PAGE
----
Wildwood Park 

Winnipeg, Manitoba

Photo Credits: Noselski, 2017


Initial research by: Karissa Noselski

Edited by: Samantha Miller & Nicole Brekelmans

Case study compiled in 2019



Project: Wildwood Park 

Type of Urban Strategy: Green Cities 

Type of ProjectAlternative neighbourhood design / Community design / Cultural landscape

LocationWinnipeg, Manitoba

Date Designed/Planned: 1945

Construction Completed: 1947 + upgrades 1960s

DesignerVision by Hubert Bird, Design by Architectural firm Green, Blankstein and Russell (G.B.R.) 



Wildwood is a unique ‘reversed’ concept residential neighbourhood located in Winnipeg, designed with pedestrians and a shared natural setting in mind. The community was finished soon after World War II to address post-war housing shortages, taking inspiration from Stein & Wright’s Radburn development in New Jersey. Houses are oriented with their front doors facing inwards to a shared central park space, with the back of the house facing a private lane-way.


Long known for its strong sense of community and mature tree canopy, Wildwood remains an important precedent for neighbourhood designs everywhere. It is ultimately an oasis within Winnipeg. Today, space is ultimately the most significant limitation and criticism. While the neighbourhood is 74.7 acres in size, the limited space dedicated to the back lane-ways for parking has been a challenge for some in more recent years. Even so, Wildwood acts as a prime example where trying something bold or radical in neighbourhood design paid off, while also addressing social and in some ways, environmental sustainability.



A well-known archetype in community design, “Wildwood Park has developed a strong community identity that is certainly rooted in its historic social and environmental context” (Martin, 2001, p. 23), as well as its unique form and characteristic qualities.

Wildwood is one of Winnipeg’s most infamous, unique, and detached mid-density single-family residential neighbourhoods. It is known for its mature and dense tree canopy; a quality shared community common park space, and connective landscaped pathway networks that each house is built to face a space that acts as the primary neighbourhood circulation system. Positive feedback through word-of-mouth has made the area a very sought-after community-oriented neighbourhood, with a ‘reversed’ residential housing concept (Martin, 2001). The homes were built to face a pedestrian-only central park space, and “turn their backs on the realm of vehicular access” (p. 22).

To many, Wildwood is a special place, and it has remained such for many years (Reimer, 1989).


The total cost of the project was $1,000,000 (Reimer, 1989), with $15,000 for allocated for the purchase of the land (Martin, 2001). Great West Life Assurance Company provided the financing for the project (Martin, 2001, p. 25), while builder/developer Hubert Bird purchased the land and his construction company Bird Construction managed the project until completion with the help of the designers (Nelson, 1985).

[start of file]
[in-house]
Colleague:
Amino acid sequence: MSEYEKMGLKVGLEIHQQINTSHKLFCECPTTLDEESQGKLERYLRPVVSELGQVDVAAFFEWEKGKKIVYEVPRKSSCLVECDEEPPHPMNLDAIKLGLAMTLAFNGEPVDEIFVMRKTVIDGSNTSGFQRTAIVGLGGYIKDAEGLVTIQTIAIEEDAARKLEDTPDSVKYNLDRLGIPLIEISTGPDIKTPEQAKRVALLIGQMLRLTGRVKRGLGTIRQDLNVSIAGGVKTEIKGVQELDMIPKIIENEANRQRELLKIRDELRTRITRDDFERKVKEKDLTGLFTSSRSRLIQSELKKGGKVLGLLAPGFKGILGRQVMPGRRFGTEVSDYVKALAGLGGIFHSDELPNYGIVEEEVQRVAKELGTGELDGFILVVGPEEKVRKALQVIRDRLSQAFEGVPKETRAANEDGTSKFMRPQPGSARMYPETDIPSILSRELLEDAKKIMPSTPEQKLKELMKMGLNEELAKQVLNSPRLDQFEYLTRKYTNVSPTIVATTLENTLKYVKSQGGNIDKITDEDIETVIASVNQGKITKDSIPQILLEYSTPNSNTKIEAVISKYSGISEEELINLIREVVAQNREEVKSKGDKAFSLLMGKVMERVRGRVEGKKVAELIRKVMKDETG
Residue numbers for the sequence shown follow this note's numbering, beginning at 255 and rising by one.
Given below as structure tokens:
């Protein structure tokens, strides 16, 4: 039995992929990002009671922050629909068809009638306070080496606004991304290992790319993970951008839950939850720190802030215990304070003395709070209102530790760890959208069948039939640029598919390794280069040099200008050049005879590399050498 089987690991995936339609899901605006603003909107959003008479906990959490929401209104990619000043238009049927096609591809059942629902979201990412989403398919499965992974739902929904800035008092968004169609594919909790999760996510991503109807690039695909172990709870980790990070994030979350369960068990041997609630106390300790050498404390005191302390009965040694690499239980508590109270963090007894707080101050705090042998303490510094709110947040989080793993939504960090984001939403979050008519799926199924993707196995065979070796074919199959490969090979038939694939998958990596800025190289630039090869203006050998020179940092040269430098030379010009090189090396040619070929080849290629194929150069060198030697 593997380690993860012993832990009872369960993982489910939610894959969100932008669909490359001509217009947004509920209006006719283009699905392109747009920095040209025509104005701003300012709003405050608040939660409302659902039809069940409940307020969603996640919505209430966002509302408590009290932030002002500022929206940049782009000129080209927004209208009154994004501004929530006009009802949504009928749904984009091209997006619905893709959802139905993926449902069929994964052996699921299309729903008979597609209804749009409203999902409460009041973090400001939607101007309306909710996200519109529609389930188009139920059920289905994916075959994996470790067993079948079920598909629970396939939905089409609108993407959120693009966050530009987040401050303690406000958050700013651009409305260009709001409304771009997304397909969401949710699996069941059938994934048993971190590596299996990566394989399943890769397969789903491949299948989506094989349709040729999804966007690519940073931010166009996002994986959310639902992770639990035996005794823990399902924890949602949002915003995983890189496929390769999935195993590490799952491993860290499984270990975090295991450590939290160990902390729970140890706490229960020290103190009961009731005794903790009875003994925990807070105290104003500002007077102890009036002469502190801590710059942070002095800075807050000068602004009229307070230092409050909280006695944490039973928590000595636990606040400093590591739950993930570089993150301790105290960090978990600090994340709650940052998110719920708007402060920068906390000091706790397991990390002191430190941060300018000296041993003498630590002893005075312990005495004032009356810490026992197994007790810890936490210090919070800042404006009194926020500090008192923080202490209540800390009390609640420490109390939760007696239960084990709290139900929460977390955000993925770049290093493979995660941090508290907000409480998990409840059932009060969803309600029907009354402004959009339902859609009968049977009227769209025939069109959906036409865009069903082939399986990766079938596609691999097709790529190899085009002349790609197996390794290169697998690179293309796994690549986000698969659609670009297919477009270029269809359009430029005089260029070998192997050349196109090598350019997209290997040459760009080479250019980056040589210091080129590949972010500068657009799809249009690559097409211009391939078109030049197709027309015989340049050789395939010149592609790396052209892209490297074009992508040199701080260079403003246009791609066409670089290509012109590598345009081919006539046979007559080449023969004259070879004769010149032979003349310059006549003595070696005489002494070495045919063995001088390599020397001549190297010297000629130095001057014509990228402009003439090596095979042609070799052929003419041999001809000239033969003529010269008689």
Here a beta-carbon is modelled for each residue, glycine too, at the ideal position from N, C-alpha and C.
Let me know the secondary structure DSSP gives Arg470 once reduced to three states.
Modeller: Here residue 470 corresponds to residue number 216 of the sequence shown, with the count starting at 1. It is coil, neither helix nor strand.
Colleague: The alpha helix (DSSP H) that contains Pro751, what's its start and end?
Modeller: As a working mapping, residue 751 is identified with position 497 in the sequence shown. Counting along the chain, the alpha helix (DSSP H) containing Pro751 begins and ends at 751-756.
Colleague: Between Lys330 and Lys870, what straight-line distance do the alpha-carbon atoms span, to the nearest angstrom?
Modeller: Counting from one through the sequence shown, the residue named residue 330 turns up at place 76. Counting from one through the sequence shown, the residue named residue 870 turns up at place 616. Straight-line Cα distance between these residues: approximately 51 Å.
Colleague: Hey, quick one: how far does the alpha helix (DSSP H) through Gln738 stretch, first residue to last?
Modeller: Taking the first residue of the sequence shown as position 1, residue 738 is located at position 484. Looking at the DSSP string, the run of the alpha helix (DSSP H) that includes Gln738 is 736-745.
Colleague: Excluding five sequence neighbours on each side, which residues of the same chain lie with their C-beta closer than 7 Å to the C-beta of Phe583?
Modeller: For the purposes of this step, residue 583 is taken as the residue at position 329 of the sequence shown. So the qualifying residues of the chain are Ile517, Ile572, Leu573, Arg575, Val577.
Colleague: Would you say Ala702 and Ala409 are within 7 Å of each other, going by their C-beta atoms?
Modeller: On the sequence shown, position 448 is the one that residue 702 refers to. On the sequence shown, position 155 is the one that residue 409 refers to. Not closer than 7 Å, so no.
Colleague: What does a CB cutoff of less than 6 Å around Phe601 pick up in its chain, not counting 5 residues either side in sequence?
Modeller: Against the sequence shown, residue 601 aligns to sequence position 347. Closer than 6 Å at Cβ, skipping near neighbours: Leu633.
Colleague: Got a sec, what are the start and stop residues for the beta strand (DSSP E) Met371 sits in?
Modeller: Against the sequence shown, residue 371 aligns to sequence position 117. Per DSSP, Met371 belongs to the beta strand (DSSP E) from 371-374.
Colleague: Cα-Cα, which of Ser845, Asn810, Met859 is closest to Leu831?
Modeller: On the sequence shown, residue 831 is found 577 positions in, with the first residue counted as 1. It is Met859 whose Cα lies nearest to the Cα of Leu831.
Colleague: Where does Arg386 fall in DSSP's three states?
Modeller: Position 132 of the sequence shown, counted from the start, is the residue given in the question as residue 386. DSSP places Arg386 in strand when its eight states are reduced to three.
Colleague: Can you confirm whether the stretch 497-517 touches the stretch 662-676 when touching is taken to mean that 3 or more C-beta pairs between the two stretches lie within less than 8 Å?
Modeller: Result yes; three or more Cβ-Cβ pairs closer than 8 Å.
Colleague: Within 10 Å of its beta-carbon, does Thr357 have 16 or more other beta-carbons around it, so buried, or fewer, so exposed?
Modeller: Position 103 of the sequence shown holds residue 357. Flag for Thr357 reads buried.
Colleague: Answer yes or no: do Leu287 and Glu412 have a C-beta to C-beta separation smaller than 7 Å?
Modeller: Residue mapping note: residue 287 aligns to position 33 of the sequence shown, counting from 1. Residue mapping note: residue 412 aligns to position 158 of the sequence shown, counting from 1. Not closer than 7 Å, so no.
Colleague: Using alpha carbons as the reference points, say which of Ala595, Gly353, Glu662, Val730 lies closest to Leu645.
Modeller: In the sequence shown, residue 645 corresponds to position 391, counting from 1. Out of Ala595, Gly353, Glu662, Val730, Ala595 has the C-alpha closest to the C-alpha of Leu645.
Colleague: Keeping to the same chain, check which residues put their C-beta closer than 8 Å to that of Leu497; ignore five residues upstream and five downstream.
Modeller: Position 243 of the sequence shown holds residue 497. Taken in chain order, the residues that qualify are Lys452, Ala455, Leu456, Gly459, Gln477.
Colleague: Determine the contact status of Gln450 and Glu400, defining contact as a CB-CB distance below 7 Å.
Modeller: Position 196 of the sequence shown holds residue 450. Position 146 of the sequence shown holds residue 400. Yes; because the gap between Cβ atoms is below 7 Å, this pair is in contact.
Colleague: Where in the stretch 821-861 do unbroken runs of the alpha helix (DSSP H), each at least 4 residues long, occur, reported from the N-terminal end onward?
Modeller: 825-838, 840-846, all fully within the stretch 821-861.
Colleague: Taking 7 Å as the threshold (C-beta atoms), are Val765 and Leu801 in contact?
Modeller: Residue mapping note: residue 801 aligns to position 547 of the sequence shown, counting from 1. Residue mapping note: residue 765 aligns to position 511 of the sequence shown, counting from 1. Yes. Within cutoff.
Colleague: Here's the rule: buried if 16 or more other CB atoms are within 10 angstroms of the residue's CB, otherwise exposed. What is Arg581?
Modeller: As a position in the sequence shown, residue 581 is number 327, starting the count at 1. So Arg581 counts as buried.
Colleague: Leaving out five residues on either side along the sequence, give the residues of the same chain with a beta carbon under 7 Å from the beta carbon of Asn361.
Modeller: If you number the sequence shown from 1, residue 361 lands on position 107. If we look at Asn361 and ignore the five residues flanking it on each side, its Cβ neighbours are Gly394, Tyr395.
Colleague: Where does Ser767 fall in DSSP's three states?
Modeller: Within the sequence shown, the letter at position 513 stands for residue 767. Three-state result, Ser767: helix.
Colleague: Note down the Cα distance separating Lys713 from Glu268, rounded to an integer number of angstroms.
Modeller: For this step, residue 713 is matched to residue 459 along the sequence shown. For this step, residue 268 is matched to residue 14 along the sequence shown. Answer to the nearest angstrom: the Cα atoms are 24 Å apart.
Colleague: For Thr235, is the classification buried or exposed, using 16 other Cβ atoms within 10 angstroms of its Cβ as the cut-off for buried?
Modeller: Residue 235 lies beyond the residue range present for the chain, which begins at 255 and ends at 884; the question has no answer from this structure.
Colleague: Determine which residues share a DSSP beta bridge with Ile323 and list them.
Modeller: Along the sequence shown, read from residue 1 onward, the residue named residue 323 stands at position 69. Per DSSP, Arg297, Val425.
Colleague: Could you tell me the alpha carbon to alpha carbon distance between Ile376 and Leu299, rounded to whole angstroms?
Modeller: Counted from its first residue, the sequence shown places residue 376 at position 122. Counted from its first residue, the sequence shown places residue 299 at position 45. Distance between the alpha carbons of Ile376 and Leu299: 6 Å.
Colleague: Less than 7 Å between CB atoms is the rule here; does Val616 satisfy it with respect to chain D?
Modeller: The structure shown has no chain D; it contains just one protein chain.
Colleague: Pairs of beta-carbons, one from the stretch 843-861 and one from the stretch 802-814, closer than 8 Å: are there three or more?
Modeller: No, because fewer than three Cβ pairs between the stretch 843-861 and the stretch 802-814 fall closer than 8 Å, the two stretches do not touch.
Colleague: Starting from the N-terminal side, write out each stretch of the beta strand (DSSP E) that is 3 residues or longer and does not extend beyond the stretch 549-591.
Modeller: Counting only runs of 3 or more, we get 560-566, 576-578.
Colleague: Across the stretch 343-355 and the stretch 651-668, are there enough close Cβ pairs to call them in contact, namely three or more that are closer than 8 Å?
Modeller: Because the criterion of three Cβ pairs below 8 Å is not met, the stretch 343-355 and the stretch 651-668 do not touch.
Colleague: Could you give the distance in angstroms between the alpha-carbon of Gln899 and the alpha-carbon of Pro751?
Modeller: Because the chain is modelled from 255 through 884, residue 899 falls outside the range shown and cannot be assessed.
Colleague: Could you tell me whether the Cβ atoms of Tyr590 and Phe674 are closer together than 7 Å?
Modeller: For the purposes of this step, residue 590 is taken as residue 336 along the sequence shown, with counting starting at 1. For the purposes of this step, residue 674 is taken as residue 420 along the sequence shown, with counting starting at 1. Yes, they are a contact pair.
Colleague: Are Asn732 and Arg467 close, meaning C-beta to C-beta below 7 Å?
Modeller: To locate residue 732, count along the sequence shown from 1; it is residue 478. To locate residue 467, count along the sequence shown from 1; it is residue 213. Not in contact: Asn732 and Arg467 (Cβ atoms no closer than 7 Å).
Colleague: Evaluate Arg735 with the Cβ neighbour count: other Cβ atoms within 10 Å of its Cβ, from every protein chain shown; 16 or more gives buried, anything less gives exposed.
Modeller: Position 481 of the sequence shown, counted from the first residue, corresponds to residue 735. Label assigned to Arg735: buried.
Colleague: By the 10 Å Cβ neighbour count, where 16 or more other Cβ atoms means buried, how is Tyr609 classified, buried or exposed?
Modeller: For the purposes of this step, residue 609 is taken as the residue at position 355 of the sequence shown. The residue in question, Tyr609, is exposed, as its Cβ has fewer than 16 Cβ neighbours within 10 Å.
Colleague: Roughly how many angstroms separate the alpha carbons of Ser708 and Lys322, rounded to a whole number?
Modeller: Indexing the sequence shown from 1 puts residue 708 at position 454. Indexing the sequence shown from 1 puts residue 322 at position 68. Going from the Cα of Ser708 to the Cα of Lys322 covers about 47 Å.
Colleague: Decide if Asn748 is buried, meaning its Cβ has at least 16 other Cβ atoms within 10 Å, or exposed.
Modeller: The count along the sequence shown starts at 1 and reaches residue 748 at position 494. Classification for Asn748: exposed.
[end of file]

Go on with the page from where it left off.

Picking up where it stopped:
Wildwood is named quite appropriately, after its early landscape, once described as ‘wild woods,’ or woodlands. The area is quite Isolated from much of the city, and the environment was described as harsh, resulting in its changing hands many times over the years (Martin, 2001). Built on a floodplain at a bend in the Red River (and surrounded by it almost entirely), the area was prone to flooding until the City of Winnipeg “undertook extraordinary regional-scale flood-control measures in the 1950s” including the development of the floodway to divert floodwaters (Martin, p. 27).

Initially, this site was home to thick and dense vegetation, described as peaceful and beautiful, full of “heavily wooded with green ash, Manitoba maple, American elm, basswood, bur oak, and giant cottonwood” (Martin, p. 25). Formerly “occupied by members of the Chippeway, Cree, and Assiniboine tribes” (Martin, p. 24), changes were first documented following settlement and transformed significantly after the signing of treaties.


The main problem that needed to be addressed was a housing shortage post World War II. Wildwood “was built to meet the intense postwar housing demand created both by the lag in new home construction during the war years and by the horde of prospective home-buying veterans” (Martin JLoA, p. 160).


The main goals of the projects were to:

-Preserve much of the original landscape character (i.e., as many existing trees as possible) Martin, p. 25

-Create a distinct separation between cars and pedestrians (Martin, p. 23)

-Redefine the relationship between the house and the street (as an alternative to traditional streetscape designs) (Martin, p. 23)

-Create a safe community common + connective corridor in the ‘front’ yard (Martin, p. 23)

-Provide a range of housing options (variety for a wide range of demographics and income levels), (Martin, p. 26)

-Break the pattern of surrounding grid neighbourhood developments, with superblocks and dendritic street patterns (Martin, p. 26)


This precedent is a prime example that demonstrates the unique concept of a ‘flipped’ neighbourhood design, where houses face onto a neighbourhood pedestrian-oriented park space, while the back of the houses are designed for vehicular access. This design concept was popular as a ‘new urbanist’ ideal, which “grew from a reconsideration of the relationship between people and cars as well as between the home landscape and the neighbourhood street” (p. 22). This unique approach to the form and orientation of homes was inherently backward from the typical post-war suburban-style neighbourhood developments. The reversed design concept came to Hubert Bird when he was flying over Radburn, New Jersey, but the idea to develop this piece of land in this way was inspired by the desire to create a family friendly neighbourhood that was entirely self-sufficient but unique to the site (Wildwood into Tomorrow, 2013).


Decisions in the early stages were made to create mass-produced pre-fabricated houses to save time and address the housing crisis as soon as possible (Reimer, 1989). Many of the homes in Wildwood “were mass-produced out of recycled lumber from temporary grain elevators at the Lakehead and featured only five possible floor plans” with options to create diversity in exterior finishes (Reimer, 1989, p. vii).